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AMERICAN PECCO CORP. v. CONCRETE BUILDING SYS. CO.

April 8, 1975

AMERICAN PECCO CORPORATION, PLAINTIFF,
v.
CONCRETE BUILDING SYSTEMS CO., AND GATEWAY ERECTORS, INC., DEFENDANTS. CONCRETE BUILDING SYSTEMS CO., A CORPORATION, THIRD-PARTY PLAINTIFF, V. GATEWAY ERECTORS, INC., A CORPORATION, THIRD-PARTY DEFENDANT. CONCRETE BUILDING SYSTEMS CO., THIRD-PARTY PLAINTIFF, V. CENTRAL CONTRACTORS SERVICE, INC., A CORPORATION, THIRD-PARTY DEFENDANT. CENTRAL CONTRACTORS SERVICE, INC., A CORPORATION, DEFENDANT AND CROSS-PLAINTIFF, V. GATEWAY ERECTORS, INC., A CORPORATION, DEFENDANT AND CROSS-DEFENDANT.



The opinion of the court was delivered by: Kirkland, District Judge.

  MEMORANDUM OPINION AND ORDER

This cause comes before the Court on motion of defendant Gateway Erectors, Inc., (Gateway) to dismiss Counts I and II of defendant Central Contractors Service, Inc.'s (Central) cross-complaint.

On November 22, 1971, defendant/cross-defendant, Gateway entered into an agreement with co-defendant, Concrete Building Systems Company, (Concrete) whereby Gateway agreed to furnish labor, material and helper cranes to dismantle two tower cranes allegedly owned by plaintiff, American Pecco Corporation (Pecco). The tower cranes were used by Concrete in construction of buildings at the Campus Green Project at Taylor and Ashland Streets in Chicago, Illinois.

On December 3, 1971, Gateway entered into an agreement with another co-defendant, Central Contractors Service, Inc. (Central). Central agreed, for a stipulated consideration, to lease and supply the necessary crane, crane operator and crane oiler to dismantle the two tower cranes at the Campus Green Project. After part of one tower crane had been connected to the Central crane, preparatory to lowering the part to the ground, the Central crane allegedly began to tip. The operator allegedly dropped the part to the ground to prevent the crane from tipping over. Pecco has filed suit to recover for the damaged tower crane. Central thereupon filed the instant cross-complaint against Gateway.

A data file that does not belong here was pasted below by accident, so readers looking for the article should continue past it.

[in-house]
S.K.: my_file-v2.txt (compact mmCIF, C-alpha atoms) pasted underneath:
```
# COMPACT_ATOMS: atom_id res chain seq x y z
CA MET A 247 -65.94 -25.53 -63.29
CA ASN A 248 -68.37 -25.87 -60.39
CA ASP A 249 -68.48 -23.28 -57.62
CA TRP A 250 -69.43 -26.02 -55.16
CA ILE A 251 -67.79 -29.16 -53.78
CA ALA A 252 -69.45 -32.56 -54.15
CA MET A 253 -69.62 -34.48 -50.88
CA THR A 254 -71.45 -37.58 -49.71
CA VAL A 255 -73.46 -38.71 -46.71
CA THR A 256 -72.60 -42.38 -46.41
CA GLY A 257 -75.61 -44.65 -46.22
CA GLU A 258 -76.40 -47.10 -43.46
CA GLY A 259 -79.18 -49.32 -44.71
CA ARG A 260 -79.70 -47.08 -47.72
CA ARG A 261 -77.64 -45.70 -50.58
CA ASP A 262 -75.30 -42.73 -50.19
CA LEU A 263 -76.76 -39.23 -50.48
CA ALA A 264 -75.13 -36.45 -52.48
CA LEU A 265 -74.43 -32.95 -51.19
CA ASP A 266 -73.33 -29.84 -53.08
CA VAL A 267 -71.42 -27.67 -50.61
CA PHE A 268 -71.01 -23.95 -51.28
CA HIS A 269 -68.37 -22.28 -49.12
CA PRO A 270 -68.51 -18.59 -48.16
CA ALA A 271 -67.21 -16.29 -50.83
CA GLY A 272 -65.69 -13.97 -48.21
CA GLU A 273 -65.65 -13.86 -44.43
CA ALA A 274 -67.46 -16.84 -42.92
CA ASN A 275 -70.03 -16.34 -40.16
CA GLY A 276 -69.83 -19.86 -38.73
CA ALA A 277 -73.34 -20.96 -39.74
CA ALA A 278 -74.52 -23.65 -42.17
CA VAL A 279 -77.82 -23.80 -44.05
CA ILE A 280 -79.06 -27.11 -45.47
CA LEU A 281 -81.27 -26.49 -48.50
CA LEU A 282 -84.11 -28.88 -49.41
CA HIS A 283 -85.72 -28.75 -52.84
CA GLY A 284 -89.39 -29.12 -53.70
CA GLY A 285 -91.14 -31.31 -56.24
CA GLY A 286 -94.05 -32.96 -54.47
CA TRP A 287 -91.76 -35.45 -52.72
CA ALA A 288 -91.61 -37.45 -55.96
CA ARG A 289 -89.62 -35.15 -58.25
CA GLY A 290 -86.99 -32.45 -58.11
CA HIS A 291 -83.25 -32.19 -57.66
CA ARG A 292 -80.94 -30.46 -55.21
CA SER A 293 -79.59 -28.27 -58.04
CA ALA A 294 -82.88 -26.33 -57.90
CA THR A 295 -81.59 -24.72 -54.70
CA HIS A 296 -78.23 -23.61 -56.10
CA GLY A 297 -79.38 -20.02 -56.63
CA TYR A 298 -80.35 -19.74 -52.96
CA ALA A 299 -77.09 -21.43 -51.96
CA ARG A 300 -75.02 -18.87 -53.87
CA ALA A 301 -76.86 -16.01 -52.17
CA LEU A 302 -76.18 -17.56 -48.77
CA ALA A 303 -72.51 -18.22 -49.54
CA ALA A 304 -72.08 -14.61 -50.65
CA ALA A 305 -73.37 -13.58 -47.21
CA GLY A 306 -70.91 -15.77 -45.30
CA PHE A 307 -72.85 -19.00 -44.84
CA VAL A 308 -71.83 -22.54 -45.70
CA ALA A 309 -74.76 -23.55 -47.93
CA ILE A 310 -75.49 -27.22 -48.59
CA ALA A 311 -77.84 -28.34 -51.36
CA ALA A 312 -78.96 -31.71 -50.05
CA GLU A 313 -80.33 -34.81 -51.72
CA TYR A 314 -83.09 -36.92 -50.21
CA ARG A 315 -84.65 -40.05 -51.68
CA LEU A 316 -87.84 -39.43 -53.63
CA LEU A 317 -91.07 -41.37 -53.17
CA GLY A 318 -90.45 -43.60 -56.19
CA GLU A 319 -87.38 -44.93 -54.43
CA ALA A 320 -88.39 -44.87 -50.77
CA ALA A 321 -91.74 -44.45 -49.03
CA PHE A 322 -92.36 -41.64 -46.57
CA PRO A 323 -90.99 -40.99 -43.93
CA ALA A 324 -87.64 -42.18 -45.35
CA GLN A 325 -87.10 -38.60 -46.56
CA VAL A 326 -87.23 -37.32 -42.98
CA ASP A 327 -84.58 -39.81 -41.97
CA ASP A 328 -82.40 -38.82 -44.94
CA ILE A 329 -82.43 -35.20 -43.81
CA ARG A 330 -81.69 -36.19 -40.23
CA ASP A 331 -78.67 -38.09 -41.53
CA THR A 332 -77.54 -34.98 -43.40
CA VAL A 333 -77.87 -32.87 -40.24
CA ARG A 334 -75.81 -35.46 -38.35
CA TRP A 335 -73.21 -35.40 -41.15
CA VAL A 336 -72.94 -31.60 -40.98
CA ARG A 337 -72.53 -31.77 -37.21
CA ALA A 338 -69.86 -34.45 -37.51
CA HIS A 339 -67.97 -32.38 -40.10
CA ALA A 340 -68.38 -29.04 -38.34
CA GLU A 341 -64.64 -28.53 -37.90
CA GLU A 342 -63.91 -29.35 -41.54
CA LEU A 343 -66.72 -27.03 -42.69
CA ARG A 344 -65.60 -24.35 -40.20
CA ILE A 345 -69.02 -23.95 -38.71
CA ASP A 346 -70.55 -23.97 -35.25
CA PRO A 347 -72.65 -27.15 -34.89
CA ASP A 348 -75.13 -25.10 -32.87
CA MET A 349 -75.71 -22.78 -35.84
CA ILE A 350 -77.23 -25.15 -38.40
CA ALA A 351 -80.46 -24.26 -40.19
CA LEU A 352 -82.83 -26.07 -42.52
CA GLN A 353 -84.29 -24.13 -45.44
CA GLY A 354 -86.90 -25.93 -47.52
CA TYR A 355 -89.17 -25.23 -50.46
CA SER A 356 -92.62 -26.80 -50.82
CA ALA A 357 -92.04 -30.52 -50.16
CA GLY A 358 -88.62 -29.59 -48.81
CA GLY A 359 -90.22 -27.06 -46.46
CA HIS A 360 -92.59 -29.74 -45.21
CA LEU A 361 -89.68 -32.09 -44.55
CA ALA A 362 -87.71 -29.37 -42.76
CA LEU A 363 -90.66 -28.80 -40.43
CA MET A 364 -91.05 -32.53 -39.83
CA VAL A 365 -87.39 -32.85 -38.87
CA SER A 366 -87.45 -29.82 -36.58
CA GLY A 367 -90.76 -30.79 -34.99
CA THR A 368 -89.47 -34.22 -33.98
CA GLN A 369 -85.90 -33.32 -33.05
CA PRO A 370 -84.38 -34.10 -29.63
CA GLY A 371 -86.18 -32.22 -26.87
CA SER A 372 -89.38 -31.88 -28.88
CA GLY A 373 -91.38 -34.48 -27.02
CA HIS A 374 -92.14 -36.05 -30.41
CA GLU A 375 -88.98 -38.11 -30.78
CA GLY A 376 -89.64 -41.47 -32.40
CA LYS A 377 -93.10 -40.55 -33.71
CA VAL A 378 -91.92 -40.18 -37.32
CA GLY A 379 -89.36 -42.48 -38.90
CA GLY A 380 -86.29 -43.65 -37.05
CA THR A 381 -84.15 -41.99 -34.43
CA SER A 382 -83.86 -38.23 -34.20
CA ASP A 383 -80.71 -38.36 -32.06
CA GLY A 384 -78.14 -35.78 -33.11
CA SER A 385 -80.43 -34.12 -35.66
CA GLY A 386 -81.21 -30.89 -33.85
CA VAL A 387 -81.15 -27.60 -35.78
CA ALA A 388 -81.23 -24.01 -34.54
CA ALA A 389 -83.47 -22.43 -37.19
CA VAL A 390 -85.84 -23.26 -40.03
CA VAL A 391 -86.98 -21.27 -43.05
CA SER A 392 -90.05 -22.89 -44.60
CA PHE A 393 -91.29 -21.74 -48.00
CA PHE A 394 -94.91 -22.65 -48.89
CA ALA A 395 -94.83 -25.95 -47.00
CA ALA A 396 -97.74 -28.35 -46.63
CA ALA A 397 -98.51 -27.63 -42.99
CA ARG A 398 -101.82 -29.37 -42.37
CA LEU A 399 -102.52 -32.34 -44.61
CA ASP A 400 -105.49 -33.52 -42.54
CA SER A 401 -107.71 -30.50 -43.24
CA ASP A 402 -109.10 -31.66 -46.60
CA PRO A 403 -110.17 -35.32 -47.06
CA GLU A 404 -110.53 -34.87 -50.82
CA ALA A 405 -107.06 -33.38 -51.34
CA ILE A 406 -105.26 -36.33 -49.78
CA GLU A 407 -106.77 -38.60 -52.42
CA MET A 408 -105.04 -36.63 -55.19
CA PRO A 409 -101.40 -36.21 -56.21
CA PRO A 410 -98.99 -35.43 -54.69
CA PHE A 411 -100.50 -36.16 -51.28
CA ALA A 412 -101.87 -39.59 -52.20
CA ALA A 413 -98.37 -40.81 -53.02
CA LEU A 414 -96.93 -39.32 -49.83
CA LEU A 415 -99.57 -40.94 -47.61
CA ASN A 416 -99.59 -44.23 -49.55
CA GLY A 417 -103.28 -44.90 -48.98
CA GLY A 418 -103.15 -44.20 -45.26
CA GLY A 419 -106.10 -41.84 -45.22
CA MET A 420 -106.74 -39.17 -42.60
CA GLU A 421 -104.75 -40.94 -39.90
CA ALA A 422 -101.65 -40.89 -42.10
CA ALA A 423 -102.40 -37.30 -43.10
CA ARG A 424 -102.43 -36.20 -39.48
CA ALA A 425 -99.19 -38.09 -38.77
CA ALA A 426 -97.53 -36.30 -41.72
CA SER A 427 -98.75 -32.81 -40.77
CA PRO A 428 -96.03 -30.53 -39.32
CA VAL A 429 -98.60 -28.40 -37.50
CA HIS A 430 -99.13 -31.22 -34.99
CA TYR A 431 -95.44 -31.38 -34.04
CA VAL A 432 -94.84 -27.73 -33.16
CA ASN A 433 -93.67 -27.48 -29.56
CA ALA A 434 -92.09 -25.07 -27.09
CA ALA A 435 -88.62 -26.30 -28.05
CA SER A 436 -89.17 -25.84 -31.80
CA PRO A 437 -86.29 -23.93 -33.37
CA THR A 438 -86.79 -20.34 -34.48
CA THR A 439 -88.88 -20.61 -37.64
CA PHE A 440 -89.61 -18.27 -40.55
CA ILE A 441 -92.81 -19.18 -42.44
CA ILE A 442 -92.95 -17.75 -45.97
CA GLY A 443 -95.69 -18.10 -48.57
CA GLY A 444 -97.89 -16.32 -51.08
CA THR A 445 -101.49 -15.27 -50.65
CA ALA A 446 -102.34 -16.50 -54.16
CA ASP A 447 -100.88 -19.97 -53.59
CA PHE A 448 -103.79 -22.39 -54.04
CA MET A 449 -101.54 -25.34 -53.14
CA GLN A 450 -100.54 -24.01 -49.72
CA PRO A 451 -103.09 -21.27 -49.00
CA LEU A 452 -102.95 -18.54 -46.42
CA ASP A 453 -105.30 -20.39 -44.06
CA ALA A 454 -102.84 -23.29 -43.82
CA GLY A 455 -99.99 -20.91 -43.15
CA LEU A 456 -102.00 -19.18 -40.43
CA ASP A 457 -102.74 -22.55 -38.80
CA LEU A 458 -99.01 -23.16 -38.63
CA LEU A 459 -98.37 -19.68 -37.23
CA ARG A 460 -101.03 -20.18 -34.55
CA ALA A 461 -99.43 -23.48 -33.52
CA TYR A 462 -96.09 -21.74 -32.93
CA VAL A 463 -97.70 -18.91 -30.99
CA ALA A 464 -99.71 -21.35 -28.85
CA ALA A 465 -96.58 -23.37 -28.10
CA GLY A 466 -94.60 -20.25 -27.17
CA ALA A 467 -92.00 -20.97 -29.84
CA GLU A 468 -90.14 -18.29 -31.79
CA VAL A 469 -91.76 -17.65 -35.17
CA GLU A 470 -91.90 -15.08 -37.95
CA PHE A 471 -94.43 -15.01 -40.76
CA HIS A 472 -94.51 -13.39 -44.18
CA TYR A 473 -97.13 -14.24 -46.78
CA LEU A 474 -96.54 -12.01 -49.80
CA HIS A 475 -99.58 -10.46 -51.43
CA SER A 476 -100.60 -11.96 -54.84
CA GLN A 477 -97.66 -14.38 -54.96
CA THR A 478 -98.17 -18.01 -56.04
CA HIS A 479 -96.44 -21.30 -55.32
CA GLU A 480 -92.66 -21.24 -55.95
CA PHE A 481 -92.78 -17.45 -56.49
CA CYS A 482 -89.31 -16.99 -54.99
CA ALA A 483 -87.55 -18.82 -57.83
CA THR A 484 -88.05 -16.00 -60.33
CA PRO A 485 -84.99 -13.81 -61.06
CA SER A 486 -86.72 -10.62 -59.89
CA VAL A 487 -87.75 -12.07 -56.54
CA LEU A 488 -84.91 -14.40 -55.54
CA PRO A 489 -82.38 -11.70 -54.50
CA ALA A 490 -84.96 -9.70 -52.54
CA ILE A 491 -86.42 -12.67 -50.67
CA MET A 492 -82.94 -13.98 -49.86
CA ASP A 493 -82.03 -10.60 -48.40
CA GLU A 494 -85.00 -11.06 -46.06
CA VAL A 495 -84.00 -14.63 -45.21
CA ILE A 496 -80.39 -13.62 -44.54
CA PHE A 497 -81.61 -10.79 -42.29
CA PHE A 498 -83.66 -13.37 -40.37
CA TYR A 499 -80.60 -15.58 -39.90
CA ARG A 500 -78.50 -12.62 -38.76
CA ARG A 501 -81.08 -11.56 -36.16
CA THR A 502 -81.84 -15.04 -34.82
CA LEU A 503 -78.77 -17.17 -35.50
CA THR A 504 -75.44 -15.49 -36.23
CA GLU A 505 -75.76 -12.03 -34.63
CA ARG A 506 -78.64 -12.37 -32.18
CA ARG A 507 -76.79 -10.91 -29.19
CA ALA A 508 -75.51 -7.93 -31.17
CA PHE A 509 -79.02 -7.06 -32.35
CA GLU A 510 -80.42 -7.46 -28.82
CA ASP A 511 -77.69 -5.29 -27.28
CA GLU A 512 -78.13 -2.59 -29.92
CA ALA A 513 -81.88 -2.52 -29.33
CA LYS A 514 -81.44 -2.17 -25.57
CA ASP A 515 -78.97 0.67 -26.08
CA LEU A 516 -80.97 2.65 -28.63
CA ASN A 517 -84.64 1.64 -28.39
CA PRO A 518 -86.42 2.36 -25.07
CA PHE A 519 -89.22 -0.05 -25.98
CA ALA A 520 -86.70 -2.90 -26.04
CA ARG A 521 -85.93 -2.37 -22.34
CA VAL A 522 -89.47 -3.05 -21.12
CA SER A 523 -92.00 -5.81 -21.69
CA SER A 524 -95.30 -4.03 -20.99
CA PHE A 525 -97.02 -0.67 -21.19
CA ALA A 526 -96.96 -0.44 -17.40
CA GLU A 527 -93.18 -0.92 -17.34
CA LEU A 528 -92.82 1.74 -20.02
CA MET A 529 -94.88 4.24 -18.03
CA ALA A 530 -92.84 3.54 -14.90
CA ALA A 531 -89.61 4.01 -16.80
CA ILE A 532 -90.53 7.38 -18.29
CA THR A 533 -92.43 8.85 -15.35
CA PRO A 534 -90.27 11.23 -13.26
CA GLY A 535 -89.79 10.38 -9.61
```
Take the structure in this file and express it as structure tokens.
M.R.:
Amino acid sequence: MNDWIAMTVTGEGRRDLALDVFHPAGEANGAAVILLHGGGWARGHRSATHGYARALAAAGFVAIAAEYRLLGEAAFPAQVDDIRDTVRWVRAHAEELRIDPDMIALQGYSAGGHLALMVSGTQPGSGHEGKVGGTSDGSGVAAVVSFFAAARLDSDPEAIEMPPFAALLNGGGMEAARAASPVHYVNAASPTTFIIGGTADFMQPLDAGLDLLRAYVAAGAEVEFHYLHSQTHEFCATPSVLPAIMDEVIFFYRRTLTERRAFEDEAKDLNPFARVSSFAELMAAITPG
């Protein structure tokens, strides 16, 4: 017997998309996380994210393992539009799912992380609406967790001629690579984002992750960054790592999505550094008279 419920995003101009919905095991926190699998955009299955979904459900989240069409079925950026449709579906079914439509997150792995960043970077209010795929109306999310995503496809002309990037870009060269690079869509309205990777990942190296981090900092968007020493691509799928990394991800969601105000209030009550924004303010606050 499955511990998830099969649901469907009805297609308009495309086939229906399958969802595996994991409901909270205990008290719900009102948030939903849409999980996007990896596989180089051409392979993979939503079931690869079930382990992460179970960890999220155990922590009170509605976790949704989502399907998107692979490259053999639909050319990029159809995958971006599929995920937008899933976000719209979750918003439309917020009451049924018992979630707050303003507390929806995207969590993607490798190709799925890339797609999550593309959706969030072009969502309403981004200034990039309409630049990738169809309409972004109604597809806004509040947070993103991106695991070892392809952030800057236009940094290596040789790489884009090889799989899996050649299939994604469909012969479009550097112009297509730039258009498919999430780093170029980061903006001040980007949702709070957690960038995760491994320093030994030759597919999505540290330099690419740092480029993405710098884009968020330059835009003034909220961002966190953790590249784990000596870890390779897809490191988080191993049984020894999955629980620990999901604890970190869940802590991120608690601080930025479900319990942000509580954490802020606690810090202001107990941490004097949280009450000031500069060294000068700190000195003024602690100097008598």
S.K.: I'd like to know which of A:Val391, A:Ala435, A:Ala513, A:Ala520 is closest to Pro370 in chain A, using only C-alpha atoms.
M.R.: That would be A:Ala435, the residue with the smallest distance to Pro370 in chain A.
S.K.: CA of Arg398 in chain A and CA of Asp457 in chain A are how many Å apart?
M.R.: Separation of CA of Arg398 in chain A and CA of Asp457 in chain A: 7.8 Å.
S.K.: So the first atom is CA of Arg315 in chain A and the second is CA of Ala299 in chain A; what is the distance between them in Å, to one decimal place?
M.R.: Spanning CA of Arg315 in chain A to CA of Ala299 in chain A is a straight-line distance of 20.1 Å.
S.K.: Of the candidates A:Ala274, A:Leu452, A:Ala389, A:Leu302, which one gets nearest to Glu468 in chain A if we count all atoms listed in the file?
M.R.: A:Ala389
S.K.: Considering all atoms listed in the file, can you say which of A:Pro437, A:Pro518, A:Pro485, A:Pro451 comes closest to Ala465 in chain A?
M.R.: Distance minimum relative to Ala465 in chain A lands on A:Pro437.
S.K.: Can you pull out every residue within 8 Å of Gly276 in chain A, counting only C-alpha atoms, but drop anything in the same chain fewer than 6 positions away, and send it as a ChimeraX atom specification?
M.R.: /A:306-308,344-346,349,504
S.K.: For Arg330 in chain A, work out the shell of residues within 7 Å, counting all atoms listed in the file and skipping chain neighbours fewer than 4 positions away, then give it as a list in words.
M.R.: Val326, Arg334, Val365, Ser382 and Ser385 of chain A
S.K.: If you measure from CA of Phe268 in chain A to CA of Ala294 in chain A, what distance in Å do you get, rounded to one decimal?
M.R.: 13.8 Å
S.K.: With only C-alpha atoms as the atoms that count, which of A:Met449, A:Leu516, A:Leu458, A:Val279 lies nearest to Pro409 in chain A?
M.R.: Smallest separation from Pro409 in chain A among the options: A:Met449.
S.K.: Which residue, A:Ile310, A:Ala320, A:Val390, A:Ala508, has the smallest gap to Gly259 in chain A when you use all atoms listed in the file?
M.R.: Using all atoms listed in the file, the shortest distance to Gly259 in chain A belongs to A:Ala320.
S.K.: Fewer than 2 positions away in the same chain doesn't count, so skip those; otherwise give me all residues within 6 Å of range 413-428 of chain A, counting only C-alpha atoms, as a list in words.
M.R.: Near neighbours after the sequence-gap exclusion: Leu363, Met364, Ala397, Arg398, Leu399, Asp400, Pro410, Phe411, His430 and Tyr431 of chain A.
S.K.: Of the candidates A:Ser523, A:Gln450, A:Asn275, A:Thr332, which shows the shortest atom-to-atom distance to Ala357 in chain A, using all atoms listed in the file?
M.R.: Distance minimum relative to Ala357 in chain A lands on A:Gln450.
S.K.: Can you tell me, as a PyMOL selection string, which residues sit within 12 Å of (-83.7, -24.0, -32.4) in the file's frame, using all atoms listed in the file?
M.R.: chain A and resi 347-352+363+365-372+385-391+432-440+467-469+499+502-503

Central's cross-complaint consists of two counts. Count I is based upon an indemnity provision contained within the December 3, 1971 lease between Central and Gateway. This agreement provides:

"B. THE LESSEE COVENANTS AND AGREES:

    7. It is expressly understood and agreed that the
    Lessee shall be responsible for any and all damage
    to property, and all injury, damage or disease to
    or death of any person arising directly or
    indirectly from or in connection with the use of
    the leased equipment during the rental period, and
    the Lessee agrees to indemnify, defend and save the
    Lessor harmless for any and all loss, claims, or
    demands arising out of said injury, damage, disease
    or death."

In Count II, Central seeks indemnity based upon an active/passive negligence theory.

Turning first to Count I, both parties allege that the above quoted indemnity provision is broad enough to cover Central against its own negligence.

The leading case on the subject of indemnity agreements in Illinois is Westinghouse Company v. LaSalle Monroe Building Corporation, 395 Ill. 429, 70 N.E.2d 604 (1947). In that case, the Illinois Supreme Court announced the standard which has been applied in subsequent Illinois cases involving indemnity agreements. The court stated at page 432, 70 N.E.2d at page 606:

  "It is a general rule governing the construction of
  contracts that unless a contract is ambiguous, its
  meaning must be determined from the words used; and
  the courts will not, because a more equitable result
  might be

  reached thereby, construe into the contract
  provisions that are not therein."
  "It is quite generally held that an indemnity
  contract will not be construed as indemnifying one
  against his own negligence, unless such a
  construction is required by clear and explicit
  language of the contract, (citations) or such
  intention is expressed in unequivocal terms
  (citations)."

The indemnity agreement which the court examined in the Westinghouse case provided:

  "The contractor further agrees to indemnify and hold
  the owner, the owner's employees and agents, the
  Architects and Engineers, and the City of Chicago,
  wholly harmless from any damages, claims, demands or
  suit by any person or persons arising out of any acts
  or omissions by the Contractor, his agents, servants
  or employes in the course of any work done in
  connection with any of the matters set out in these
  specifications, and the contractor ...

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